A rafting trip, like this, is more than just about the river. There is a lot of focus, out of necessity, on gear and equipment. Tents, dry bags, sleeping bags and pads, not to mention the ton of gear that the guides handled each day, can all make or break the trip. We were fortunate to have dry tents, and warm sleeping bags, with only a few ‘fussy’ zippers to contend with (the sand and the wet can really do a number on tent zippers).
I worried a lot about trying to keep everything dry, after having gotten doused on the Matanuska! I needn’t have worried….this was a much different trip, no huge rapids to get everything soaked. The dry bags, where we stored our personal gear, worked just fine to keep the water out. Now, sand….that is a different matter. The sand filtered in everywhere……into our tent, sleeping bags, clothes, drinking cups……and the guides were right. After a couple of days, you did not even notice.
Living with nature was another aspect of this trip. The variances of weather and the annoyance of bugs is something that you just have to deal with. It helps if you are prepared.
We had never used these head nets before, but it is one item of equipment that I will be sure to include, next time.
The Copper Oar trip planning guide had included the instructions of what kind of clothing layers to pack.
‘Layers’…..a term to include long underwear, shirts, pants, fleece layers, and rain pants and jacket. We wore them all. Sometimes all at the same time! I felt like a kid dressed in a snow suit. Managing your ‘layers’ was a constant process….you take some off when you get warm, then you put them back on when you get cold. It never got warm enough to get down to the skin layer.
Every evening at camp we (I should say, Fred, Reeve, and Mark) would build a fire. The smoke helped with the bugs, and the fire kept us warm.
These guys were fire intensive…..always collecting firewood and standing about poking and rearranging the fire.
Another major focus of a guided trip is the food. While on a backpacking trip we might just cook dehydrated packaged meals, a guided trip revolves around wonderful food. Cooked meals with fresh fruits and vegetables, topped off with dessert, even ‘Happy Hour’ snacks and drinks…….the food provided an almost elegant backdrop. All of this food was prepared and served in high fashion by our two guides, Dale and Allison.
On a guided trip, such as this, the guides do more than just ‘guide’ you down the river. Dale and Allison have an amazing job to do. These young people not only have to have a knowledge of rafting and of the river, they must have training in CPR, First Aid, and Water Rescue. After all, our life might be in their hands.
The guides are responsible for all of the food preparation, and presentation (which, by the way, was surprisingly well done considering the fact that we were camping), and food and waste management. And, if all that were not enough, the guides also act as social coordinators, providing games and ice breakers when appropriate. The payoff? getting to spend a summer doing what they love in an amazing place.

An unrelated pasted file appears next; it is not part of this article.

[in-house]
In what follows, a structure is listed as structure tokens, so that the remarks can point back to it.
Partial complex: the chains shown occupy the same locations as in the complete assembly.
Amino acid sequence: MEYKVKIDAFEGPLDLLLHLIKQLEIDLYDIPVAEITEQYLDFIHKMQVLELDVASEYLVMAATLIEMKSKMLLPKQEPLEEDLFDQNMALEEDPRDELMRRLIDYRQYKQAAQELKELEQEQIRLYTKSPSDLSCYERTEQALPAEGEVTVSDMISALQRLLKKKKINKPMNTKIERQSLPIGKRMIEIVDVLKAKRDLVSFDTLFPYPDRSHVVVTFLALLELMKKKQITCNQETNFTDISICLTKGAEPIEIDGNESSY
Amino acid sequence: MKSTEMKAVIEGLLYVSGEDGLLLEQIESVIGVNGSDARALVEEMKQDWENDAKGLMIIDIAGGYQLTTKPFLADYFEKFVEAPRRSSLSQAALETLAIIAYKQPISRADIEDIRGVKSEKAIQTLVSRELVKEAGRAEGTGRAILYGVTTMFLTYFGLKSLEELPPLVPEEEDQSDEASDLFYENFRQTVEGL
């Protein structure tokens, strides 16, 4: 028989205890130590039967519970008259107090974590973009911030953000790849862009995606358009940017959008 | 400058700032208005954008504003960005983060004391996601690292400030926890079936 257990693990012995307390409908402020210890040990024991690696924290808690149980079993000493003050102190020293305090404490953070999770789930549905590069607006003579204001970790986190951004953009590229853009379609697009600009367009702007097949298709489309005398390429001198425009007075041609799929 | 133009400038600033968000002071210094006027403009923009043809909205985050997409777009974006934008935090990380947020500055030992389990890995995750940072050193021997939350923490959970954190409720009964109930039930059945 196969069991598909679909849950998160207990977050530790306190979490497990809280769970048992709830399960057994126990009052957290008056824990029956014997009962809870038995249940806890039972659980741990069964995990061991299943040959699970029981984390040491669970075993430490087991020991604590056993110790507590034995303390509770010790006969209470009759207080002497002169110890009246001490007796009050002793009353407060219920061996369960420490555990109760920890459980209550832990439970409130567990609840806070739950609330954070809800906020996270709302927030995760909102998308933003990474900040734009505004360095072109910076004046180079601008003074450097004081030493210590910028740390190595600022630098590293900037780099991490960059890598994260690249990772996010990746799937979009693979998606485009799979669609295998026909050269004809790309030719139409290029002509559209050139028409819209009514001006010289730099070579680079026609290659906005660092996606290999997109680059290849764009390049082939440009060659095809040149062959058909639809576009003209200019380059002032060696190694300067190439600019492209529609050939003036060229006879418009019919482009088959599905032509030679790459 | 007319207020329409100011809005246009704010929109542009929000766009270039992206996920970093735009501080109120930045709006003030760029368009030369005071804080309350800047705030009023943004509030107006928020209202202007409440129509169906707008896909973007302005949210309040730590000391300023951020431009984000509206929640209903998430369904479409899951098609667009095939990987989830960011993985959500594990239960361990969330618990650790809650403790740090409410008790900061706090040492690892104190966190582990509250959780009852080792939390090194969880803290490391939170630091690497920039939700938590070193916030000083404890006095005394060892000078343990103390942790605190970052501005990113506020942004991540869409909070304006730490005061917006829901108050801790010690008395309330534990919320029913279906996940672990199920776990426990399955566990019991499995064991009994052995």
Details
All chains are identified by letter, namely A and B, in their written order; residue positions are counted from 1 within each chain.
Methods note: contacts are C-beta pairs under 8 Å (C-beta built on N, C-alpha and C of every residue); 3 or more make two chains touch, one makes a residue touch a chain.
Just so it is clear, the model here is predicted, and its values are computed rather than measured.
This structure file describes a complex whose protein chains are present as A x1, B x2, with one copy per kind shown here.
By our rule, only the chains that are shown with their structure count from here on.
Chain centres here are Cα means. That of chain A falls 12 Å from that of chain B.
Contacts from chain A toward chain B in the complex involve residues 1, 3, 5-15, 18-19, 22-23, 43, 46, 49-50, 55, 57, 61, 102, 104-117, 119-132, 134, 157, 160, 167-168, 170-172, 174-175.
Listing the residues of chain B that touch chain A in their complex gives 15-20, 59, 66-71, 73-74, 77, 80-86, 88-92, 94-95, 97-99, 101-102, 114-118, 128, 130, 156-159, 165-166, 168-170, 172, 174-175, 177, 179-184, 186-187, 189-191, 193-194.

We talked with Dale and Allison about their lives, and their experiences. Of living in McCarthy – 30 guides in a kind of tent city with no running water, a sauna that they heated up 3 x’s a week and bathed in buckets. That was OK with them…..I am amazed at the flexibility and adaptability of youth. We need to take a lesson.
This gem from Allison – ”I would rather use the groover than a roadside porta – potty”. (now that is perspective) And I came to see what she meant. About seasonal work ….. “ I don’t try to decide what I will be doing too far ahead.” Reminded me of the need to stay flexible. Allison’s travel experience would just creep in the conversation…… “When I was in Cuba”….. or, “When I was in Germany ”. Wow! So much from one so young…. Allison told such tales of Colorado River rafting…….I see a trip in our future.
What makes a trip such as this different than some of our other adventures is the people. Spending 6 days with a group of people that you have just met can seem like a real challenge. '”Will I like them?……Will they like me?….Will we all get along?” No worries……we really enjoyed getting to know each one in our group. On the river, or in camp, our conversations ran the gamut from work, to relationships, to philosophy and choices in life…..
If a conversation had run dry, there was Mark with his “Name your 5 favorites…books, movies, bands…etc. That always provoked interesting discussions. One comment from Mark that I thought was so intriguing….. ”I want to spend a year living in New York.” I could see doing that……
And this from Dale – from a book that he had been reading – ”The more choices we have, the less satisfied that we are with our decisions.” Dale was struggling with how to fit what he wants from life and work within the rigid framework of a company.
From a conversation with Kate – “When I travel I try to collect perspectives”. I especially liked that…….And I loved her passion for her work. Her idealism……
And Reeve –We listened to him talk about which direction he wanted to go in his life and career. Reeve wants to eventually teach high school math, but sees the military as a way to get to an early retirement so that he could afford to be a teacher. It struck us …..How much difficulty that this generation has to deal with in making these life decisions.
And relationships…….the evolving relationships of brothers……and lovers…..and extended ’family?”
Through an experience like this, you grow…….as individuals….
And as a couple…..
Rafting is a lot of things…..but it is mostly about the people.